Here is a picture of Devji bhai , his wife Lalita Ben and the helping hand Vikram, a smart chap. Vikram would definitely prosper in life. The village school has no teaching facilities beyond grade 8. Vikram looks after guests in the winter months and from his earnings and tips, he has saved enough money to buy a bike so that he can travel to the bigger town about 20 km away everyday, which has a secondary school, to complete his education. He was forever ready with a cup of hot tea for me. He also directed me to the best spot for taking pics of sunrise and sunset. I had never felt better after tipping.
Lalita ben was over the moon to find that she could converse with us in Gujarati and literally poured her heart out to my wife, talking about her own life, showing us the old faded pictures of weddings, her educated daughter who was working for an NGO in Mumbai and lamented about her two sons who were happy to stay in the village, but not as industrious as her husband.
She did not seem to be too fond of tourists from Calcutta, even though she had quite a few ( Bengalis are the most travelled in India). Apparently Calcuttans can't live with the simple food available in her place and demand "Aloo paratha and Sabji" and what not ( Stuffed flat-bread with potato and Potato curry) etc for breakfast. She tells them to get lost ! But we had royal treatment. My wife casually asked if there were some popoddam. Unfortunately there was none but the following day it was there. Somebody from the village was travelling to Halvad, 25 km away and Lalita ben had ordered him to get Popoddam for us.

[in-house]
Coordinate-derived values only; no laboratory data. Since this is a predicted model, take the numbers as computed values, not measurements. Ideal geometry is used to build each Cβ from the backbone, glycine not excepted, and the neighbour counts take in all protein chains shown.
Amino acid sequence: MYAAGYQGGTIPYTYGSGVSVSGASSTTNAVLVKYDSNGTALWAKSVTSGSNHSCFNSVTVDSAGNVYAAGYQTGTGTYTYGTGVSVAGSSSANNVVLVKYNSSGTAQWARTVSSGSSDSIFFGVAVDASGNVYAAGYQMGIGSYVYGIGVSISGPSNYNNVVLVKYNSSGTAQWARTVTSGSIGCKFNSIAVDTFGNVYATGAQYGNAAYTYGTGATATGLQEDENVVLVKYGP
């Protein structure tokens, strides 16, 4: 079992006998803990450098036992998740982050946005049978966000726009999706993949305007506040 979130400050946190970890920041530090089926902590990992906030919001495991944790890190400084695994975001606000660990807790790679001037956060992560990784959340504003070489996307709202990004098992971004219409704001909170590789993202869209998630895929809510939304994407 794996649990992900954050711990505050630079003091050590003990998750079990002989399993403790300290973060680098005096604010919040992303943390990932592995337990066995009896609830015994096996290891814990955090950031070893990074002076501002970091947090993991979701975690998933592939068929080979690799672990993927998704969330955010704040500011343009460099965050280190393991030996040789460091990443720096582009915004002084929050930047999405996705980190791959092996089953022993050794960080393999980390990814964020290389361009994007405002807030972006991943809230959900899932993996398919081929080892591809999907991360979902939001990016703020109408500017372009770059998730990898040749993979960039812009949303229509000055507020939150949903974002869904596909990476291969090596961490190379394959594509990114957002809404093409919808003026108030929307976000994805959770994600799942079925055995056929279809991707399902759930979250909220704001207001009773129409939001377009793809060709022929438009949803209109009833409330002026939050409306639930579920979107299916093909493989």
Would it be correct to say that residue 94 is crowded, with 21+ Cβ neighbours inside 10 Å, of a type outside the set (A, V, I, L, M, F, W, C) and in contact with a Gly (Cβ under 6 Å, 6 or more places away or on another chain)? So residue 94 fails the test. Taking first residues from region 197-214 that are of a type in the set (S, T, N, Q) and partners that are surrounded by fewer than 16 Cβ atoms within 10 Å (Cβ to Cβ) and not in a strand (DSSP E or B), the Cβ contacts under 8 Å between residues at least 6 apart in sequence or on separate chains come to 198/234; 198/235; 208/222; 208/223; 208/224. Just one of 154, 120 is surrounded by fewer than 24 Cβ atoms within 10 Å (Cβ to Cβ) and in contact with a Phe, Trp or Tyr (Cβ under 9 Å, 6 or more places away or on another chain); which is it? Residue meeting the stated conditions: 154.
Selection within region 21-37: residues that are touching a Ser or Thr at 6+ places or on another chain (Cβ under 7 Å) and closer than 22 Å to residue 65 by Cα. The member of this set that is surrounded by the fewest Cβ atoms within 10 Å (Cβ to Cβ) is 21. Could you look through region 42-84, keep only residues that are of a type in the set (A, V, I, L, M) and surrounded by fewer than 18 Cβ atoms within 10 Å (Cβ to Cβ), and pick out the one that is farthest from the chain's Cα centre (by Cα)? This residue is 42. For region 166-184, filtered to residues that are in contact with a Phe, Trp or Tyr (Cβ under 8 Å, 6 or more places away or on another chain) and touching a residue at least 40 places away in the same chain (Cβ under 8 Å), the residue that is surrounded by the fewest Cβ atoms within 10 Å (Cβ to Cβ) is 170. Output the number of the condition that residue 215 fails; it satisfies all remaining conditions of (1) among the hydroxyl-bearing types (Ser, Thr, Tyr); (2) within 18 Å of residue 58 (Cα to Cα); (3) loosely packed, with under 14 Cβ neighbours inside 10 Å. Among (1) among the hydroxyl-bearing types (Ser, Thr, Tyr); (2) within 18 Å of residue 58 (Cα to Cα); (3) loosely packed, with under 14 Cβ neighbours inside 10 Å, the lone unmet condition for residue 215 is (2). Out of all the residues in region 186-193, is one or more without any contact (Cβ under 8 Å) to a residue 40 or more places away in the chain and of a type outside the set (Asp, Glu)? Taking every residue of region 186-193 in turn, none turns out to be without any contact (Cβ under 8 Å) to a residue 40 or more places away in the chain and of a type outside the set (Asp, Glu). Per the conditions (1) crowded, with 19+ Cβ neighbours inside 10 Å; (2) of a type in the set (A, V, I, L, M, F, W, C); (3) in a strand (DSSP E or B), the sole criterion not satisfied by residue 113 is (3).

Devji bhai talked to me in great details about his experience of working in the Flamingo Census and in 1998 LRK broke the world record for flamingo nesting. I believe it was 30,000 nests they counted. That must have been a sight to behold. Unfortunately because of his age he can't drive and guide anymore in this harsh dusty environment.
He has two sons : Ajay and Vijay. We never met Ajay, although he was there and had taken a German tourist out the same day. That was unusual as usually in this small places all the family members work together.
We had Vijay as our driver/guide. I won't say he was rubbish but he lacked the enthusiasm and warmth of his father. Language was not a barrier at all. Our driver Gambhir Singh ji accompanied us and he also commented on that. Honestly I probably spotted more birds than he did.
On the way back in the night I was hoping to see some nocturnal creatures like foxes , nightjars etc but he just drove straight back without even looking for that.
From this aspect I wondered if the guides at Rann Rider would have been better. But I forgive him entirely just for one thing he showed us : sunset and moon rise over the vast desolate landscape with not a single soul around, only the abandoned flamingo colony sticking out like a scene from the movie "Aliens".
Time for some pics now.
Sun rises over LRK
First views of LRK. It's very easy to lose the sense of direction here.
Deep tracks of vehicles ferrying salt in and out of LRK
Our First Flamingos. Interestingly this was entirely of juvenile flamingos who were about 8 month old and have not acquired the pink colour.
Salt pans in the middle of LRK. Sadly the monsoon was not great last year , so flamingos were nowhere near the numbers of 1998.
I was a bit disappointed but then we came across another pan and there the numbers were pretty impressive.
It was a mix of adults and juveniles
My path to the flamingos
Incredible India !!!! Sometimes I forget that the place where I'm standing as a tourist enjoying the splendour of nature is actually a place for back breaking work for locals.
Where else can you find a motor bike being dragged across the muddy salt flats to the makeshift plastic and wood shelter for who live and work in the salt extraction industry, with thousands of flamingos wading in the background ?
They even stopped and smiled at me
Success at last !!
Another pan, but by this time I had enough of flamingos !!!
Time to go looking for some Wild Ass !!